The Grits suffered a humiliating blow in Willowdale as incumbent Martha Hall Findlay lost her seat to Conservative candidate Chungsen Leung.
Leung eked out a close win with 41.7 percent of the vote compared with Hall Findlay’s 39.9 percent, turning the seat blue for the first time since 1984. The race was tight right until the end, with both candidates holding their speeches off until well after midnight.
The mood at Leung’s event was positive from the start, with cheers and claps audible on the second floor of the Royal Canadian Legion building far before the Conservative candidate was declared victorious. Upon reaching the podium, Leung thanked his campaign team, his wife, and the residents of Willowdale for electing him.
“To the citizens of Willowdale, you have spoken, you wanted change in this riding and I will be that change,” he said. “Through honest hard work, I will ensure that the people of Willowdale have their interests heard and met in Ottawa. Without all of you, this would not have been possible.”
Leung was flanked with so many supporters that he at times had trouble remembering all their names. In contrast, Hall Findlay delivered her concession speech alone, at times choking back tears and joking that she couldn’t speak too long due to only having one roll of toilet paper.
Despite the strong show of emotion, Hall Findlay, in her third election in as many years, appeared fiercely determined to continue on her path as a public servant.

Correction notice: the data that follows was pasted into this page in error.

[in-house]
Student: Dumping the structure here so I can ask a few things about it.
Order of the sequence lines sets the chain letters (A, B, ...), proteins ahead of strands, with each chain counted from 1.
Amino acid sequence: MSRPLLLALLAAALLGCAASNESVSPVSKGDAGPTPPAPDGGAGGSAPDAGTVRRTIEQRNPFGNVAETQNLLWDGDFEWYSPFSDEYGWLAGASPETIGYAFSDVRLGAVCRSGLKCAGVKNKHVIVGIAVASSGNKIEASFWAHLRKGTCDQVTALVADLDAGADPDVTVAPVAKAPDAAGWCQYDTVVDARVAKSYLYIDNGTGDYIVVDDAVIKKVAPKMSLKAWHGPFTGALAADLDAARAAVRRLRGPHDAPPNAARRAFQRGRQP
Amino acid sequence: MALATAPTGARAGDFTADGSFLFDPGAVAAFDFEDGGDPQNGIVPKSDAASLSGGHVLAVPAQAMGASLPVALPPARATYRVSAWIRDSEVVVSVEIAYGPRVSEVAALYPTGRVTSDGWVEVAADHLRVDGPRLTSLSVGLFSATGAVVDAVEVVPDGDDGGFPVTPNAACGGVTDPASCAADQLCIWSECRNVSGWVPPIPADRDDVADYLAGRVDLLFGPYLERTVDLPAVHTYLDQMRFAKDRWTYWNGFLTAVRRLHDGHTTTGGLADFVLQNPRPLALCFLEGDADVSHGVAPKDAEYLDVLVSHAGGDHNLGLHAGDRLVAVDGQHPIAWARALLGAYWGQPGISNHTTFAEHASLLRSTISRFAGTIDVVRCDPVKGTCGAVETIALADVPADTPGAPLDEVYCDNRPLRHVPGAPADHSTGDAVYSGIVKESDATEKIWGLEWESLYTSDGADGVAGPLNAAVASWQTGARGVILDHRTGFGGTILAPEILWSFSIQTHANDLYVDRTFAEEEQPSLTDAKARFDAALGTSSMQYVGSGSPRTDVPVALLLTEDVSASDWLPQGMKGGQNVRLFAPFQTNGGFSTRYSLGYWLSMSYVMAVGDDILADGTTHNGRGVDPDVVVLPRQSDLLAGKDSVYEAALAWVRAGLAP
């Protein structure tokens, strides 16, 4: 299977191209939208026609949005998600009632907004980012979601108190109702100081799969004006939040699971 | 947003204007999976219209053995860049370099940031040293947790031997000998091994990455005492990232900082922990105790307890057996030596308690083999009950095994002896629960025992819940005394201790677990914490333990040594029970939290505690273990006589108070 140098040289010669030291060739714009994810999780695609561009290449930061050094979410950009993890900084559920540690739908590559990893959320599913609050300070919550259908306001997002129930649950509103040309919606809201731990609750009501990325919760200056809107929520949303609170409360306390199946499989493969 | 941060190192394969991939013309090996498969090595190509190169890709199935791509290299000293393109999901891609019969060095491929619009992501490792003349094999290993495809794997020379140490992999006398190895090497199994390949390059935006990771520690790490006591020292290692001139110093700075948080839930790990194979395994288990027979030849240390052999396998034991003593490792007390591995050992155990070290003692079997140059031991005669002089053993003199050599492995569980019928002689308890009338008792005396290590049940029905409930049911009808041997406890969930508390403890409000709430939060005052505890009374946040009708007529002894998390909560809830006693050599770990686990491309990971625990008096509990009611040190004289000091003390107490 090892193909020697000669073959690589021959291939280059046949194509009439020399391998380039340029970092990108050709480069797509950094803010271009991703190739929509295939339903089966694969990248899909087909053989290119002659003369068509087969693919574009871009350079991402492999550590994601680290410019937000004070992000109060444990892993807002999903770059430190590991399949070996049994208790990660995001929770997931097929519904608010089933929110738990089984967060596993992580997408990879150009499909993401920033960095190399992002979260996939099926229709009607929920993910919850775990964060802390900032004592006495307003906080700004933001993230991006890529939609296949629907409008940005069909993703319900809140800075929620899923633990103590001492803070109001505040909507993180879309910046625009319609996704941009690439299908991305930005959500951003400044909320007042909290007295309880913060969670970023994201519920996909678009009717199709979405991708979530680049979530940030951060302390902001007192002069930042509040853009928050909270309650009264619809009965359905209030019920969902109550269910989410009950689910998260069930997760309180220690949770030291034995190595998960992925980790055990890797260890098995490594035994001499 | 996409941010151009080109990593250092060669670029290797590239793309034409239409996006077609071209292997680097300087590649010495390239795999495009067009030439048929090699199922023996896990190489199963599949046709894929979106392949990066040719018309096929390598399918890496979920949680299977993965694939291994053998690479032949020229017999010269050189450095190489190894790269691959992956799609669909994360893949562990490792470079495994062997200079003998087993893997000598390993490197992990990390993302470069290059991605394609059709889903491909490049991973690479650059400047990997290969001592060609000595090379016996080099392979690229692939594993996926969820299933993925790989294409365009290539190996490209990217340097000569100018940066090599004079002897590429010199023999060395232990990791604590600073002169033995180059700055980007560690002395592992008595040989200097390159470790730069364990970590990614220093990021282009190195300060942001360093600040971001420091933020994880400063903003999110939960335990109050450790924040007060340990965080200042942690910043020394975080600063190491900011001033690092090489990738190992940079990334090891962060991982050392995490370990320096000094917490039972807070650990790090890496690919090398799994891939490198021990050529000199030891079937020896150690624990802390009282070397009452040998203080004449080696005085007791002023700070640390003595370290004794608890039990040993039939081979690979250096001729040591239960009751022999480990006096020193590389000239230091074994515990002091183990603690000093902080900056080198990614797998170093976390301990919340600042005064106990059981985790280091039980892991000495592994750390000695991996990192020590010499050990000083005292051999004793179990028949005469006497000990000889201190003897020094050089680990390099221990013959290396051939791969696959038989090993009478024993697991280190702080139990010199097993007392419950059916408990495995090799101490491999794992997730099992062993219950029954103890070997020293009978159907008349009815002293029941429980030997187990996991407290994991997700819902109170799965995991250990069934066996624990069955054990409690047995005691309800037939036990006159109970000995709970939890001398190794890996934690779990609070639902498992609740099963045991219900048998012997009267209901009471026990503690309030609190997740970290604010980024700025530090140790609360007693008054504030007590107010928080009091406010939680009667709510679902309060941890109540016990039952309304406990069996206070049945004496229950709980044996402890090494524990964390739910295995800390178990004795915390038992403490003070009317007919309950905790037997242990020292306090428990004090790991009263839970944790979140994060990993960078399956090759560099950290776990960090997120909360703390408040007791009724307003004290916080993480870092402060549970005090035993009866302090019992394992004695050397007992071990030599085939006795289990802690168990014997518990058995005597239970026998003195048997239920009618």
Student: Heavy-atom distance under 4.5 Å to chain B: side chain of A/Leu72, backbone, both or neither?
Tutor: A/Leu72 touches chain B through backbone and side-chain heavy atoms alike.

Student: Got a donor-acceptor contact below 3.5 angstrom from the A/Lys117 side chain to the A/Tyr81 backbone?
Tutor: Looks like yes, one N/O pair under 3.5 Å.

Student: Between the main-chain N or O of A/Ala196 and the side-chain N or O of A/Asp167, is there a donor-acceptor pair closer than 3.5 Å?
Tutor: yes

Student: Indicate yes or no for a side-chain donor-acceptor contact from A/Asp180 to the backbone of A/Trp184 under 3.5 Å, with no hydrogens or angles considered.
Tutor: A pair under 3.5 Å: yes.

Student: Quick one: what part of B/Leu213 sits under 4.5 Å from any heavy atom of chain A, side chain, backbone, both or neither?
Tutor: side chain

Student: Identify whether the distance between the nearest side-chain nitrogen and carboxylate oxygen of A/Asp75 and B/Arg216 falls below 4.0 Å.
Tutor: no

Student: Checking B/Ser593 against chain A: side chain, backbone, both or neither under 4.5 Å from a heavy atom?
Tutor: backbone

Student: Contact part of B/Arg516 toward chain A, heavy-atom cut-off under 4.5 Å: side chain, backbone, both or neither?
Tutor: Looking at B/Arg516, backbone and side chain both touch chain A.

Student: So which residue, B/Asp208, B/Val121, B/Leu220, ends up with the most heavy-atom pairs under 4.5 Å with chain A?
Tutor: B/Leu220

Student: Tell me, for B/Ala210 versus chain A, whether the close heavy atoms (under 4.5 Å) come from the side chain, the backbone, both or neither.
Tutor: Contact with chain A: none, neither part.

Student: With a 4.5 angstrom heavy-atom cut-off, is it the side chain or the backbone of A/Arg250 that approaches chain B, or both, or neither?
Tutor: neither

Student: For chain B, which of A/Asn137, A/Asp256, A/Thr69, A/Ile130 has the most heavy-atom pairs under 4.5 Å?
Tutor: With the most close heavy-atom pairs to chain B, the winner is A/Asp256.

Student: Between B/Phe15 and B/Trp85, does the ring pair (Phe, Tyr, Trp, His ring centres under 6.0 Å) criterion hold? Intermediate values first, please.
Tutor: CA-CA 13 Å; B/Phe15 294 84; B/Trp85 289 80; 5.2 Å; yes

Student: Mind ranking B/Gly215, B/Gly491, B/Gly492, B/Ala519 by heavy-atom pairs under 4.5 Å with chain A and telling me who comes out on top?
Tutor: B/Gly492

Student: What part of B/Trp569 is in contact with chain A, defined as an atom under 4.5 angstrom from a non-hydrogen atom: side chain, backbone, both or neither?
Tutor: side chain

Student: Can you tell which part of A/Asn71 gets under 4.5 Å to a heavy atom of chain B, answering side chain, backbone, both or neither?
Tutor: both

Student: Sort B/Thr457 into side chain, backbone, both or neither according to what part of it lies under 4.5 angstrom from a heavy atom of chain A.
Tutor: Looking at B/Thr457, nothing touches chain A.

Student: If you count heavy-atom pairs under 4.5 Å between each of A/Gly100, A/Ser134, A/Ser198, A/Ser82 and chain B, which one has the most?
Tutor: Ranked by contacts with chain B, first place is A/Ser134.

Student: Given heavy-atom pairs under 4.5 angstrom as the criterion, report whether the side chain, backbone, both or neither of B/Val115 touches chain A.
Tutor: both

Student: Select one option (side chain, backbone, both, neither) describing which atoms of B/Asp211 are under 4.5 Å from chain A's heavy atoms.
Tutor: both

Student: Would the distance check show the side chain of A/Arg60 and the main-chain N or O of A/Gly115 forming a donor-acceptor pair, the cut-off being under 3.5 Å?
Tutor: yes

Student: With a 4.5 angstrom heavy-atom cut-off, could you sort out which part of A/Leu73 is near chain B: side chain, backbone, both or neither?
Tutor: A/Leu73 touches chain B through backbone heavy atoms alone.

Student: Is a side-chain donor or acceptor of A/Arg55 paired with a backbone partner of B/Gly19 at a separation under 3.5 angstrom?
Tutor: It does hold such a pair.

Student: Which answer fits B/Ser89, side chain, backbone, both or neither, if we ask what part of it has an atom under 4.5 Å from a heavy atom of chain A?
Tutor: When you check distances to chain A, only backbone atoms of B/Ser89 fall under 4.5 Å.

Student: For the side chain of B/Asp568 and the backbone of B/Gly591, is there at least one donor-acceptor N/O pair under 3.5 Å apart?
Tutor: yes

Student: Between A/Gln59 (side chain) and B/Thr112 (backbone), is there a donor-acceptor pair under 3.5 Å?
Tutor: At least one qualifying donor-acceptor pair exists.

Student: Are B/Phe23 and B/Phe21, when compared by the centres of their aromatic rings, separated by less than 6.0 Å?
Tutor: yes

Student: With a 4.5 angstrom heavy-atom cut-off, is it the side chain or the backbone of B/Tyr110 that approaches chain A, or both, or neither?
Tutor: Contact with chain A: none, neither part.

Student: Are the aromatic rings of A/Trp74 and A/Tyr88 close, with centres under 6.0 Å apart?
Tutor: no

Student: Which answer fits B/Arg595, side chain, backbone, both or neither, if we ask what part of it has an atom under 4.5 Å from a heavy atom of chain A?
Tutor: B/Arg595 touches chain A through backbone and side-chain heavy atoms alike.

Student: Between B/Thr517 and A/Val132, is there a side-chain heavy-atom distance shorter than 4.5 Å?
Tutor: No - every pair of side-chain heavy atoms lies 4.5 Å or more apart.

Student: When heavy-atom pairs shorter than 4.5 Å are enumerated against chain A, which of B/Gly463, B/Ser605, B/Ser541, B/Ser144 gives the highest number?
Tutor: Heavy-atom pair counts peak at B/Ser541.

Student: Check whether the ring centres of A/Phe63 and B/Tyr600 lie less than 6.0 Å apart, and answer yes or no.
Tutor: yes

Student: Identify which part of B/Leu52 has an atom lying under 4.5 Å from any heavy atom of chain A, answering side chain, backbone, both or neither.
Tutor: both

“I didn’t start this whole thing so that after a situation like this I would say ‘oh darn’,” she said. “You are looking at somebody who feels so strongly about this country … I have every intention of continuing to stand up in one way or the other.”
Hall Findlay stated that while she would continue to serve Canadians, she would not confirm whether or not it would be in a political capacity.
Leung, a businessman and community volunteer, has lived in the Willowdale riding for over 23 years. He said some of the issues he wants to take to Parliament Hill include creating jobs for youth, ensuring a good standard of living for residents, and building a sustainable health care system.
“We’ll now have a voice in the federal government,” he pledged. “At the end of the day we still have to serve the people of Willowdale, and that’s what I hope to do.”